The aim of the study was to determine differences in sexual functioning and body image of patients treated for ovarian cancer, depending on treatment modality: surgery, surgery in combination with chemotherapy or chemotherapy alone.
Patients and Methods
A total of 483 patients treated for ovarian cancer between 1995 and 2005 completed the questionnaire 2–6 months after finishing the treatment. Patients were divided into three groups. The first group consisted of 156 patients with early ovarian cancer, treated only surgically with hysterectomy and bilateral salphingoophorectomy. The second group consisted of 238 patients with advanced stages of ovarian cancer that were treated surgically in combination with chemotherapy. The third group consisted of 89 patients with advanced inoperable or metastatic ovarian cancer who were treated with chemotherapy alone.
A significant number of patients in all three groups (group 1, 2 and 3) was satisfied with their sexual life before the treatment (74.36%, 69.33% and 71.91% respectively). Patients whose sexual life got worse after the treatment in all three study groups were numerous (group 1, 2 and 3—28.85%, 46.64% and 47.19%, respectively) and most intensively affected patients in groups 2 and 3 (p < 0.05). Most of the patients in group 1, 2 and 3 found their partners to have the same (33.33%, 34.87% and 44.94%, respectively) or even better (32.69%, 36.56% and 25.84%, respectively) attitude towards them, and described them as very supportive and tender. Most of the patients in all three treatment groups (51.28%, 54.62% and 52.81%, respectively, p > 0.05) found their body image different after the treatment, but not mutilated.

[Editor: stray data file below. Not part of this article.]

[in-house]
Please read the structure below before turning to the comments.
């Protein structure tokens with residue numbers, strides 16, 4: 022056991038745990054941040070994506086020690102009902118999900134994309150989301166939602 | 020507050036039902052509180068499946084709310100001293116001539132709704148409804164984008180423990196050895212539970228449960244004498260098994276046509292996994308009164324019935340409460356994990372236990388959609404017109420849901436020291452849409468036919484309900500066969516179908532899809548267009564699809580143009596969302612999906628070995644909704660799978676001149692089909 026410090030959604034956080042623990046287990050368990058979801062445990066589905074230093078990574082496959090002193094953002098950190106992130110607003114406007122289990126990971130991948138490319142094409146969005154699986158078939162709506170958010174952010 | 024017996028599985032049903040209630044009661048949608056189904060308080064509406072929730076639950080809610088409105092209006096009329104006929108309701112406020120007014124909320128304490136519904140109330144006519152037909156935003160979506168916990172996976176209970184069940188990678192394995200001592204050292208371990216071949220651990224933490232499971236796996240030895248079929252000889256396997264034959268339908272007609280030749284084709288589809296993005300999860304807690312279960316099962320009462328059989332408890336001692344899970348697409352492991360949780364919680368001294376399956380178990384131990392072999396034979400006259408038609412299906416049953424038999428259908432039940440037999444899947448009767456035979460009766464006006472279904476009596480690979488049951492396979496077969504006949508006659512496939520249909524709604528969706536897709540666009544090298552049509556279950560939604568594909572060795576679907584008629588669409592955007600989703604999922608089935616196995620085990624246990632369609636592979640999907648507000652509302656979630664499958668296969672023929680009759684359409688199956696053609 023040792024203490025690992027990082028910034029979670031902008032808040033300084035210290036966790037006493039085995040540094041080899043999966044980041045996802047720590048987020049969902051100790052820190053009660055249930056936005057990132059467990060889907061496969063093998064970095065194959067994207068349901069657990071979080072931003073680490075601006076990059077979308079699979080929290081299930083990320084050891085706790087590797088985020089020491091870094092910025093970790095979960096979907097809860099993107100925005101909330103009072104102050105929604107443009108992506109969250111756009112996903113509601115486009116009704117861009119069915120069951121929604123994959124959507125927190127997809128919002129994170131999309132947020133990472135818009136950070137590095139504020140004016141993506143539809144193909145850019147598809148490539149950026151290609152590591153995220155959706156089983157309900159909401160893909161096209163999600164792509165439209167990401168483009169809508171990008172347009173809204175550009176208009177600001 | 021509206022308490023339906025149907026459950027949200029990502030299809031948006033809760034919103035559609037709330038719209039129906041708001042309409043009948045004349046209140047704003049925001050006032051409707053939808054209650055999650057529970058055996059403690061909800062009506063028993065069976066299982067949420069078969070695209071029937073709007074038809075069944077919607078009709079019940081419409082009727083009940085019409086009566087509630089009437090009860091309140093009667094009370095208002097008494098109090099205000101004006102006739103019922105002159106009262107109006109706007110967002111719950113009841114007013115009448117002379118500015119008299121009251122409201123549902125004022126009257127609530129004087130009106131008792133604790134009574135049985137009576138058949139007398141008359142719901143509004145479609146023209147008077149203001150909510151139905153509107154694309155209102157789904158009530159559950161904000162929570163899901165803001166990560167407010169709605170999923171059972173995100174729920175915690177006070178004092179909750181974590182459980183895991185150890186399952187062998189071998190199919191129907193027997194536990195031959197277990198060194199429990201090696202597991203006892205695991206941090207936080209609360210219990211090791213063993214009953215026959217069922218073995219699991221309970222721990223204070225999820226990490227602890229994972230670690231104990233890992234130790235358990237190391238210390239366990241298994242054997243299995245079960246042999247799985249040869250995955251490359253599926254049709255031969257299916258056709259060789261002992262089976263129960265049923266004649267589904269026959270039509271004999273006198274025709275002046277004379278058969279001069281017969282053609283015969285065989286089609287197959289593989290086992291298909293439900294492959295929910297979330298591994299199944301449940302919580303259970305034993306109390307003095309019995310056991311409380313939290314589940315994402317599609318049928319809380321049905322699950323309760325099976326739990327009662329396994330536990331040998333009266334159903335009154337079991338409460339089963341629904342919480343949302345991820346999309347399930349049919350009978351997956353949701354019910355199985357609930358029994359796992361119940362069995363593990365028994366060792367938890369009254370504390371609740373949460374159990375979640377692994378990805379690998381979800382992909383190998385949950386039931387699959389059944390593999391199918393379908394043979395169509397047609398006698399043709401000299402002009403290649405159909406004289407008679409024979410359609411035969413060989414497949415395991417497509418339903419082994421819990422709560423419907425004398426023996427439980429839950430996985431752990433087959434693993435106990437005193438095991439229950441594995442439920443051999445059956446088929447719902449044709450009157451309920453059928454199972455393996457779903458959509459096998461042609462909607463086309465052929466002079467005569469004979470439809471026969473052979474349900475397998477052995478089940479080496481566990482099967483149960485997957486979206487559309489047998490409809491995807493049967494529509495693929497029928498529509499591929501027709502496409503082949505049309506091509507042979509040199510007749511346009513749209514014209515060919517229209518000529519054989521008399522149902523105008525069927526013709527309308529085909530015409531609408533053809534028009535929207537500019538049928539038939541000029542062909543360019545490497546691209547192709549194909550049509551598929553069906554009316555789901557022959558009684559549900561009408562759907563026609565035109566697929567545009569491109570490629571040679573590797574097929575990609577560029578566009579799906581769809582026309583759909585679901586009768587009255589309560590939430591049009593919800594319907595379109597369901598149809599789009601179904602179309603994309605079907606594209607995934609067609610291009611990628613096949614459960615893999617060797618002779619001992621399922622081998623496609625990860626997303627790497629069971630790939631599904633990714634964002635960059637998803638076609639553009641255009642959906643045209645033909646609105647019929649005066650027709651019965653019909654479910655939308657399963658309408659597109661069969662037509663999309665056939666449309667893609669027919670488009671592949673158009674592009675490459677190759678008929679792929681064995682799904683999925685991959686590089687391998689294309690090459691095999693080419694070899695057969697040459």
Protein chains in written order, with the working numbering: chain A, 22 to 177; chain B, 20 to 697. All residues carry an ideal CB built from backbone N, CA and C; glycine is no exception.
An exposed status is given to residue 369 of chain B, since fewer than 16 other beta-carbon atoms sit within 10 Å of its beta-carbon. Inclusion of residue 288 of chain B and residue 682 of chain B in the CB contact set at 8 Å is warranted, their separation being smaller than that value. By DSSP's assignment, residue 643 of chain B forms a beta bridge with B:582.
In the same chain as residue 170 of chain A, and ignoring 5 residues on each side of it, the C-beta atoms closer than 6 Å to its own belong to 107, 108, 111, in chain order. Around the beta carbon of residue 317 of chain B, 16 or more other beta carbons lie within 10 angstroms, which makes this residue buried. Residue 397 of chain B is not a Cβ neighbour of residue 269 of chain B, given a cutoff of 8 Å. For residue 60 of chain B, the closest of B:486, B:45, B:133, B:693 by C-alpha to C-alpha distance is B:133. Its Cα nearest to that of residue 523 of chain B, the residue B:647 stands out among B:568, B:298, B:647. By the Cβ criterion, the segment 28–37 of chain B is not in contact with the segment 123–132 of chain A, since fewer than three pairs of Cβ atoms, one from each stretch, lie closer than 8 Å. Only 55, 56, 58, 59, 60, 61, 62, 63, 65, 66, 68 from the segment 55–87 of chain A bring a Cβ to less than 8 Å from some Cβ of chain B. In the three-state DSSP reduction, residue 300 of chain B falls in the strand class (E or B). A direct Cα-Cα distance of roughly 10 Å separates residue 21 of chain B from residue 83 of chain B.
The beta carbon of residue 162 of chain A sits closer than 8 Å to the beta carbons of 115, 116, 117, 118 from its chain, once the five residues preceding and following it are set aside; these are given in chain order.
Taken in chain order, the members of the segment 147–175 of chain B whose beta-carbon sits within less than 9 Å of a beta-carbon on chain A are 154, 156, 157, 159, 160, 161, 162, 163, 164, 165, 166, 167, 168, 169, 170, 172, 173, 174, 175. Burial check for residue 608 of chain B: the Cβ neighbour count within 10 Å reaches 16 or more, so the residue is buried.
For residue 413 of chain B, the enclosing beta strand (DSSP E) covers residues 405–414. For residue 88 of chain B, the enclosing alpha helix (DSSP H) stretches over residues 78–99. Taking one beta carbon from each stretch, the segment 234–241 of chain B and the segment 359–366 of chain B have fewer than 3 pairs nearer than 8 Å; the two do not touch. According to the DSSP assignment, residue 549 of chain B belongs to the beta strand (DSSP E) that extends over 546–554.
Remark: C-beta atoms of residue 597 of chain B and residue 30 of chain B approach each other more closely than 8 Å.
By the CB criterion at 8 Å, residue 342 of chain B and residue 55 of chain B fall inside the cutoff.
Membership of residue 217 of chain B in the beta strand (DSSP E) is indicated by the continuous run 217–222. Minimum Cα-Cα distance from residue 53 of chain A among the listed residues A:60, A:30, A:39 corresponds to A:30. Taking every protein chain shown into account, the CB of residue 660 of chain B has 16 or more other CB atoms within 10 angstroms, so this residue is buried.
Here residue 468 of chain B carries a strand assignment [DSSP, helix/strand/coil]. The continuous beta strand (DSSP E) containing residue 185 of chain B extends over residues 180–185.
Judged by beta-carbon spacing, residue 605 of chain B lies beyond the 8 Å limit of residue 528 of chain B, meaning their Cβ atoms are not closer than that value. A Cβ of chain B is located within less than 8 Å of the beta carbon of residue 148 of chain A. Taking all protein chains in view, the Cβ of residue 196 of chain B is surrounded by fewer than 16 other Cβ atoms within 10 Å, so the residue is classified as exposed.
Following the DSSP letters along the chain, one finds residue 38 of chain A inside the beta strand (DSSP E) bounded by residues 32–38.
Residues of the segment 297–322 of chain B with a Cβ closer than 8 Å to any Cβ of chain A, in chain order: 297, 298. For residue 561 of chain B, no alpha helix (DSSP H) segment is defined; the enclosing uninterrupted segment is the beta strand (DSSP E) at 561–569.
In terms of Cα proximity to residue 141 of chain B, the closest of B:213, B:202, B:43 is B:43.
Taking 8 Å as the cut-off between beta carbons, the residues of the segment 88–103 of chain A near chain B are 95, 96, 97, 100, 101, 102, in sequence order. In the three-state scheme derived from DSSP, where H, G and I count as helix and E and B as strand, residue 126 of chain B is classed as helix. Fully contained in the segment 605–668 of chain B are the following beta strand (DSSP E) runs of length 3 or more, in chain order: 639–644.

These findings support and extend previous reports of impaired sexual functioning among patients treated for ovarian cancer. Sexual functioning of the patients with more advanced disease stages, who were treated by combination of surgery and chemotherapy or chemotherapy alone, was more jeopardized than those with disease detected in an early stage and treated by surgery alone. Problems in sexual functioning appear to be related to the consequence of artificial menopause symptoms and the extent of disease.
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Buković, D., Silovski, H., Silovski, T. et al. Sexual Functioning and Body Image of Patients Treated for Ovarian Cancer. Sex Disabil 26, 63–73 (2008). https://doi.org/10.1007/s11195-008-9074-z
- Ovarian cancer
- Sexual life
- Sexual functioning
- Body image